The Offense

This is the final essay in a series describing the 3 movements of The Resistance.

The first, The Defense: Watchdogs and Emergency Response, details the professionals who keep an eye on the government and press our rights through their organizations as well as the grassroots organizers who are mobilizing us to action on a daily basis.

The second, The Garrison, discusses the role that our already elected officials must play in The Resistance using their power and influence to prevent further erosion of our Democracy and Civil Liberties.

This essay proposes a strategy for The Offense- Winning Elections

When I speak of “we,” I am speaking of everyone who values the integrity of our elections, the preservation of our civil liberties, the stability of our government, and the value of our vote. I am speaking of everyone who sees that we are headed on a path away from democracy and that we urgently need to get back on course.

Our founding fathers understood that those who hold the right to vote, hold power. Through a civil war and subsequent hard fought political battles to amend the constitution, eventually that power was extended to all people. The power of our vote, however, depends on competitive elections that have actual consequences, and we no longer have competitive elections in our legislatures. Money in politics has corrupted both parties and aggressive gerrymandering has insulated politicians from accountability. Only 8% of Congressional seats and 14% of state legislative seats are competitive.

This is a bipartisan problem. Both parties have worked to make their elected positions less competitive in an election. The Democrats just haven’t done it as well as the Republicans. Consequently, gerrymandering has put the Democrats at such a disadvantage that they consistently win more than 50%of the vote in the House of Representatives, but cannot come close to winning a voting majority in the House. The system itself is undemocratic.

Next year 33 Senate seats, the entire House of Representatives, 36 governor seats, and 46 state legislatures are up for election. The people who win those seats will redraw the state and federal redistricting lines after the 2020 census. The Republicans openly state that they believe they can “create” 20–25 more safe Republican congressional districts through the redistricting process.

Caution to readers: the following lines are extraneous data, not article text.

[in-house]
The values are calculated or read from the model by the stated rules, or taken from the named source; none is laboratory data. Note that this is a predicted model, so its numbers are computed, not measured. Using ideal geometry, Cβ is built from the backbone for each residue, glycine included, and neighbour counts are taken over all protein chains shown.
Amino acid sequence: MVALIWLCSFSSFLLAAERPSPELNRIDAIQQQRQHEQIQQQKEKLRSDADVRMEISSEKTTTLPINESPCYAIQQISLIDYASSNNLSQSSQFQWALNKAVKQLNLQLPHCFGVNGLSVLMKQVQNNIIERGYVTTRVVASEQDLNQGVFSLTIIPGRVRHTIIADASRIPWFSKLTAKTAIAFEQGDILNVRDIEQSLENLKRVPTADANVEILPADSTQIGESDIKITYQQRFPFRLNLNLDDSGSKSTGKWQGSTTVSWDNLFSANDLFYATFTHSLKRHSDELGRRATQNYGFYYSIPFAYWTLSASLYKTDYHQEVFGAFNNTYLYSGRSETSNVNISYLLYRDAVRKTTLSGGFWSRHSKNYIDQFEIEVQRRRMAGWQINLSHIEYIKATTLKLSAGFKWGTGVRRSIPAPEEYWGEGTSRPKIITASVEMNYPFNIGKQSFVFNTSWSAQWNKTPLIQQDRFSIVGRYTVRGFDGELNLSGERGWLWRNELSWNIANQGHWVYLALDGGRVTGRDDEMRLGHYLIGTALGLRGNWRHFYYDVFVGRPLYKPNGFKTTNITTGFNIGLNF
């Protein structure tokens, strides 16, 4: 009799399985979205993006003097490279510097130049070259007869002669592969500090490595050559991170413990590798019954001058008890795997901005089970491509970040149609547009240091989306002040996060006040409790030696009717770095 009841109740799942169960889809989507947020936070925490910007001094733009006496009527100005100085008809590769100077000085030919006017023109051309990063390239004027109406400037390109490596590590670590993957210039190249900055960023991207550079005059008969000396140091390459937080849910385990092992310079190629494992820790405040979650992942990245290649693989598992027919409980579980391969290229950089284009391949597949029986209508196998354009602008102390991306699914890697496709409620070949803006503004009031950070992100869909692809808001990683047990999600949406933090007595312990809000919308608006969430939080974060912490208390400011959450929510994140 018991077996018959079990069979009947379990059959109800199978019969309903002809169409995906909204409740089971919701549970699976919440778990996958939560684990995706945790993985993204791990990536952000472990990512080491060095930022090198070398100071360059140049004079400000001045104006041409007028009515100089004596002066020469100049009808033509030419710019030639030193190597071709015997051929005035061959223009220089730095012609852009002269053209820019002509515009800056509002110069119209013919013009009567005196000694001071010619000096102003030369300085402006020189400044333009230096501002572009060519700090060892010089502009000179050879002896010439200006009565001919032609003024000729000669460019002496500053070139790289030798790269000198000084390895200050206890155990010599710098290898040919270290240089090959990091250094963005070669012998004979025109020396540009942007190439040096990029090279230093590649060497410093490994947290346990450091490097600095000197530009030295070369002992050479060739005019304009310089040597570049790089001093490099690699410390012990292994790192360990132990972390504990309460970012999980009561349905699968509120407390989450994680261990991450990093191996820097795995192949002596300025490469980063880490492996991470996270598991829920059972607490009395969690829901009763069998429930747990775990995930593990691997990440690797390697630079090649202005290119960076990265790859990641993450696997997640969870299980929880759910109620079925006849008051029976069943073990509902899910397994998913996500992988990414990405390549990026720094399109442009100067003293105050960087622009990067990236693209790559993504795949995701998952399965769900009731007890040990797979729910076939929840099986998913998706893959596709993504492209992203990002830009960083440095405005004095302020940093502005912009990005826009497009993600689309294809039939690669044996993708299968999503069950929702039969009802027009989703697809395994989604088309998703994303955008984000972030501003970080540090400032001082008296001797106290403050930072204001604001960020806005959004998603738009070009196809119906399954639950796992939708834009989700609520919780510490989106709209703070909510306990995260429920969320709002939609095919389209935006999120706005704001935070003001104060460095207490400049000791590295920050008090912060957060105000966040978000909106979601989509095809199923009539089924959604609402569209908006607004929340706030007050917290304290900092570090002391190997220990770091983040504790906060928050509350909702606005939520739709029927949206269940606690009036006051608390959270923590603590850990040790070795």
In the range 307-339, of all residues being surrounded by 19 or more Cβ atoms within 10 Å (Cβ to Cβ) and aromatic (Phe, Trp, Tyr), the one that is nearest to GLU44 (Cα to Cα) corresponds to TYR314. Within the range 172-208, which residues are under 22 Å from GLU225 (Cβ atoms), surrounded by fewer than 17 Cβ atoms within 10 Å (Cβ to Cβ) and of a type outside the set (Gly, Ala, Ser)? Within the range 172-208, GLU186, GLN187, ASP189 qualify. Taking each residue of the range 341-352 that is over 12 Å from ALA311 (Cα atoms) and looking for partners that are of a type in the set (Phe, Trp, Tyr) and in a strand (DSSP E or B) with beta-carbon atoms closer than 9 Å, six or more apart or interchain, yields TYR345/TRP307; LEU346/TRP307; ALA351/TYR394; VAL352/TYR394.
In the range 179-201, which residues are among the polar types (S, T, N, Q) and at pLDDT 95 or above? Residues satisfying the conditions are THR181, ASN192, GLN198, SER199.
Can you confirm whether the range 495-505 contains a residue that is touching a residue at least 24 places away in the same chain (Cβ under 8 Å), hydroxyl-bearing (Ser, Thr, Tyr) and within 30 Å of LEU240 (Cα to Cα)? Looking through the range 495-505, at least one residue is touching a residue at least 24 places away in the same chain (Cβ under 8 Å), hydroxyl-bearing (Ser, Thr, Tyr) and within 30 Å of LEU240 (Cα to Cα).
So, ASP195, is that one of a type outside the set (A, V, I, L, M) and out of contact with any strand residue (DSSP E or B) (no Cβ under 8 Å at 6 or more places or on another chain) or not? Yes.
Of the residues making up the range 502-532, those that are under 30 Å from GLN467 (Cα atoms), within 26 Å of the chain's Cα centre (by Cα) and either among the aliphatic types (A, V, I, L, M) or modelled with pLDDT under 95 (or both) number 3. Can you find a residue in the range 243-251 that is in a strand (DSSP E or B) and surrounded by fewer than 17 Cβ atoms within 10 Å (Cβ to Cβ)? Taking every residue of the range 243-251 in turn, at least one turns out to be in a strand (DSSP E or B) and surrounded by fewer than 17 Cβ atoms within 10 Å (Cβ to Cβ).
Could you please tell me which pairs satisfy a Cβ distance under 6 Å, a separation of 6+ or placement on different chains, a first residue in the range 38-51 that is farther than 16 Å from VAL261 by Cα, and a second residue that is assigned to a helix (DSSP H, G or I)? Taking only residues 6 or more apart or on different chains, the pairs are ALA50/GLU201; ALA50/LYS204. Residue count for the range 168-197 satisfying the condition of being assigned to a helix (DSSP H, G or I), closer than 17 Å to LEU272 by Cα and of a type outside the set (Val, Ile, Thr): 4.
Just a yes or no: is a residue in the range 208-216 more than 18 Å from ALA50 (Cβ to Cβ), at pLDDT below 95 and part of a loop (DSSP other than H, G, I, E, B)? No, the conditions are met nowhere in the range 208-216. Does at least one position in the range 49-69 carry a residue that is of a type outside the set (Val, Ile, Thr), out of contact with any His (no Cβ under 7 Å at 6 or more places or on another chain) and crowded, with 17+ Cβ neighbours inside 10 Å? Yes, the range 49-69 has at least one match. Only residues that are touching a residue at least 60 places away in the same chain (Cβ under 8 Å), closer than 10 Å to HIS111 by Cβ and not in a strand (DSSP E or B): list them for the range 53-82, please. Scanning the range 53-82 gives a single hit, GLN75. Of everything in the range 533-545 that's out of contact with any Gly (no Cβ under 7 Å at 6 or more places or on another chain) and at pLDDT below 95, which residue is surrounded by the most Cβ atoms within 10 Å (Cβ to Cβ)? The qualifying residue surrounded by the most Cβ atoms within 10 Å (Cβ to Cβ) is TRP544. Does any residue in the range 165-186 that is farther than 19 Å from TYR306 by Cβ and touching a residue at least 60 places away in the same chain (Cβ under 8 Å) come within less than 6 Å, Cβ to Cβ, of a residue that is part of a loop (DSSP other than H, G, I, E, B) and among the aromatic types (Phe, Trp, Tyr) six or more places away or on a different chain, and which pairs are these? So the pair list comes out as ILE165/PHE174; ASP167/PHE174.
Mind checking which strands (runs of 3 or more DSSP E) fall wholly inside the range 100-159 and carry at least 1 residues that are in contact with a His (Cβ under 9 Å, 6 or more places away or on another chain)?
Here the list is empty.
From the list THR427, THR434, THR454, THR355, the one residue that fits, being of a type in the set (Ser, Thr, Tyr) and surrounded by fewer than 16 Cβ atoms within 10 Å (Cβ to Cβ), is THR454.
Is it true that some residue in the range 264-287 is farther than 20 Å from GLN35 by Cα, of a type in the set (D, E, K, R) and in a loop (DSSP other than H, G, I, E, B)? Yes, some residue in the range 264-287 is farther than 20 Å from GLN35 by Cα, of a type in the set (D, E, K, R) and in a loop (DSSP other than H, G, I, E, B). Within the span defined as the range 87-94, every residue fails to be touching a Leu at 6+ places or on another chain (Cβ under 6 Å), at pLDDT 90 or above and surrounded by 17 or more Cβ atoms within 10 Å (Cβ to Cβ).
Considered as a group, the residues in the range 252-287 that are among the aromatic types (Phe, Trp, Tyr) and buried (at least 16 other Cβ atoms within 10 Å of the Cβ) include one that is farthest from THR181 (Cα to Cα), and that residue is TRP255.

This year, NJ is one of only two states that have elections; our entire state legislature and the governor are up for election. We have an opportunity, perhaps an obligation, to be the spark that sets off a national movement to bring democracy back to our government.

So how do we do it?

The Democrats Cannot Save Us

If your thought process after the election was anything like mine, or these people’s, or these people’s, then you thought “we have to take over the Democratic Party!” However, after much consideration, I’m convinced that the Democratic Party is not situated to mount the kind of offense we need.

The Democratic Party is extremely weak compared to the Republican Party. Over the last 8 years, Democrats have lost almost 1000 elected positions across the country. Republicans control nearly 70% of state legislative chambers. Republicans have complete control of government in 25 states; Democrats have complete control of government in just 5, the lowest number since the Civil War. Republicans have supermajorities in 22 legislative chambers. Congress has not been controlled this lopsidedly by Republicans for nearly 100 years, since the Great Depression. The Democrats let Donald Trump become President despite the fact that 53% of voters had a strongly unfavorable opinion of him. Bluntly, the Democrats have not had a good offense for a very long time.

The Democratic Party is also internally weak. It is internally feuding and the average age of top House leadership is 76; the bench is shallow. More than that, the Democratic Party brand has been, perhaps irreparably, tarnished because the Democratic Party is no longer seen by large swaths of the electorate as the party of the People. Additionally, it’s not clear that the Democrats in power are actually motivated to rebuild the party or do the soul searching necessary to right the ship. They are beneficiaries of the status quo. Their seats have been safely gerrymandered as well and many have happily sidled up to corporate donors and special interests.

Even if all these issues didn’t exist, the Democrats would still be in no position to mount an offense next year because 1) numbers wise, they are defending more Senate seats, including 10 Democratic Senators in states that Trump won, and 2) the system has been rigged against them through Republican gerrymandering.

Personally, given all of these issues, I am not willing to gamble on the Democrats alone, especially given the short timeline.